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Probability problem

  1. Mar 4, 2005 #1
    I'm trying to learn probability on my own and I'm stuck.

    My multiple-variable-calculus is not so strong so the following problem got me stuck.

    I have density function

    f(x,y) = x^2 + xy/3 for 0<x<1; 0<y<2 otherwise 0

    And I need to calculate Prob(X > Y). X and Y are random variables.

    I know how to do Prob(X <= 0.5) etc.

    Also would be nice if someone could explain Prob(Y < 1/2 and X < 1/2) and
    Prob(X+Y < 1)

    Thanks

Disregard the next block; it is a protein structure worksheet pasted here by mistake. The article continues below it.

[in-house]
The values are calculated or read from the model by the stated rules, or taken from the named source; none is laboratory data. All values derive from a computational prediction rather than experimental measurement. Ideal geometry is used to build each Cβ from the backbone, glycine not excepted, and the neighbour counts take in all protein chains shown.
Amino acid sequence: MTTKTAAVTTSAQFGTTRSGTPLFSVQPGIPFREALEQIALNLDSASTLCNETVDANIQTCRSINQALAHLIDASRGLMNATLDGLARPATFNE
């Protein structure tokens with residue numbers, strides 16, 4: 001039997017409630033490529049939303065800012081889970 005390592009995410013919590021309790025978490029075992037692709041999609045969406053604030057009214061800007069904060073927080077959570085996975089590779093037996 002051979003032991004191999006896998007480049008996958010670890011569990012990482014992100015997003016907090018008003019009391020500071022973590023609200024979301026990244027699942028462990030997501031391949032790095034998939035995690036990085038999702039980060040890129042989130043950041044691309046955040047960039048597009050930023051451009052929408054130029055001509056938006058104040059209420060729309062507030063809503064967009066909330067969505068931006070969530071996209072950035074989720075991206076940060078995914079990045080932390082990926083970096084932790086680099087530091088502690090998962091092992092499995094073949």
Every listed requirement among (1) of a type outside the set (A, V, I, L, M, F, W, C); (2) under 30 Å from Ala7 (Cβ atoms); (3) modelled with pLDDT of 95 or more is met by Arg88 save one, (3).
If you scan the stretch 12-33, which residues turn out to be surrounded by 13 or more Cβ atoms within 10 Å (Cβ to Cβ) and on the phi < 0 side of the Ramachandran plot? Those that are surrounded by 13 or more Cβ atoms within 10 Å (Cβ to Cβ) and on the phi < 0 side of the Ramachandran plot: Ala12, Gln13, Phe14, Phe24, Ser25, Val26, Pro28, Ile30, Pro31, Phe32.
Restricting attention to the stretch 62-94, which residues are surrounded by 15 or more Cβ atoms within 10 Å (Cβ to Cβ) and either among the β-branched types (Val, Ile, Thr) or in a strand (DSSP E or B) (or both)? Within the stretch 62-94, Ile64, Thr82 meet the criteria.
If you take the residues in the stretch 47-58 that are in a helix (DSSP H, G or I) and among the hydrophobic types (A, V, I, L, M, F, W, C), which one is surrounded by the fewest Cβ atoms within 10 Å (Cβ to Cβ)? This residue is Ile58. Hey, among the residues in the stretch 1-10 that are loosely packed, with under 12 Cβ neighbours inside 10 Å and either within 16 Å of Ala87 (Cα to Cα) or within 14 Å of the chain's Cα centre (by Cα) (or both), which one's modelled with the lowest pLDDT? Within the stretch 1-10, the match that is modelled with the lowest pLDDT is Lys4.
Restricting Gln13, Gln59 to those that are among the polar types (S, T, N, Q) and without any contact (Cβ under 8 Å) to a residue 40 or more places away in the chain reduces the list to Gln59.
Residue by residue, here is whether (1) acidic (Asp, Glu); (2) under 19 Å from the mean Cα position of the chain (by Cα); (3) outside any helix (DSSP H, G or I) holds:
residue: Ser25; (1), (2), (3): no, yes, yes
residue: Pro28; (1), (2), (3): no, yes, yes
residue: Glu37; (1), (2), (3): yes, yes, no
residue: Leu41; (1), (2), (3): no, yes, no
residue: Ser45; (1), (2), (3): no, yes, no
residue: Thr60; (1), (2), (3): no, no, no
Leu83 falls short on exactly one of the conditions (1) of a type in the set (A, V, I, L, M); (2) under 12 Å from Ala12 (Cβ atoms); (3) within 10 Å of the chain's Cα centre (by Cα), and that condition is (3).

/Niels
     
  2. jcsd
  3. Mar 4, 2005 #2
    Just to make sure, this is just integrating over all values of Y, such that X <= 0.5, which is a rectangle.

    Similarly, this is an integration of the density function over the region where Y < 1/2 and X < 1/2. This is a square of sidelength 1/2 with one corner at the origin. It is a double integral that can be written as:
    [tex]\int_0^{\frac{1}{2}} \int_0^{\frac{1}{2}} f(x,y) dy dx[/tex]
    Do you know how to find P(X<1/2 OR Y<1/2) ?
    If you cannot picture the region, rewrite it in a friendlier form; ie., Y < -X + 1. You're then integrating the density function for all points below the line y = -x + 1. This integral can be written:
    [tex]\int_0^1 \int_0^{-x+1} f(x,y) dy dx[/tex]
    So your original problem, P(Y<X) is just the set of points below the line y=x.
     
    Last edited: Mar 4, 2005
  4. Mar 4, 2005 #3
    thank you!
     
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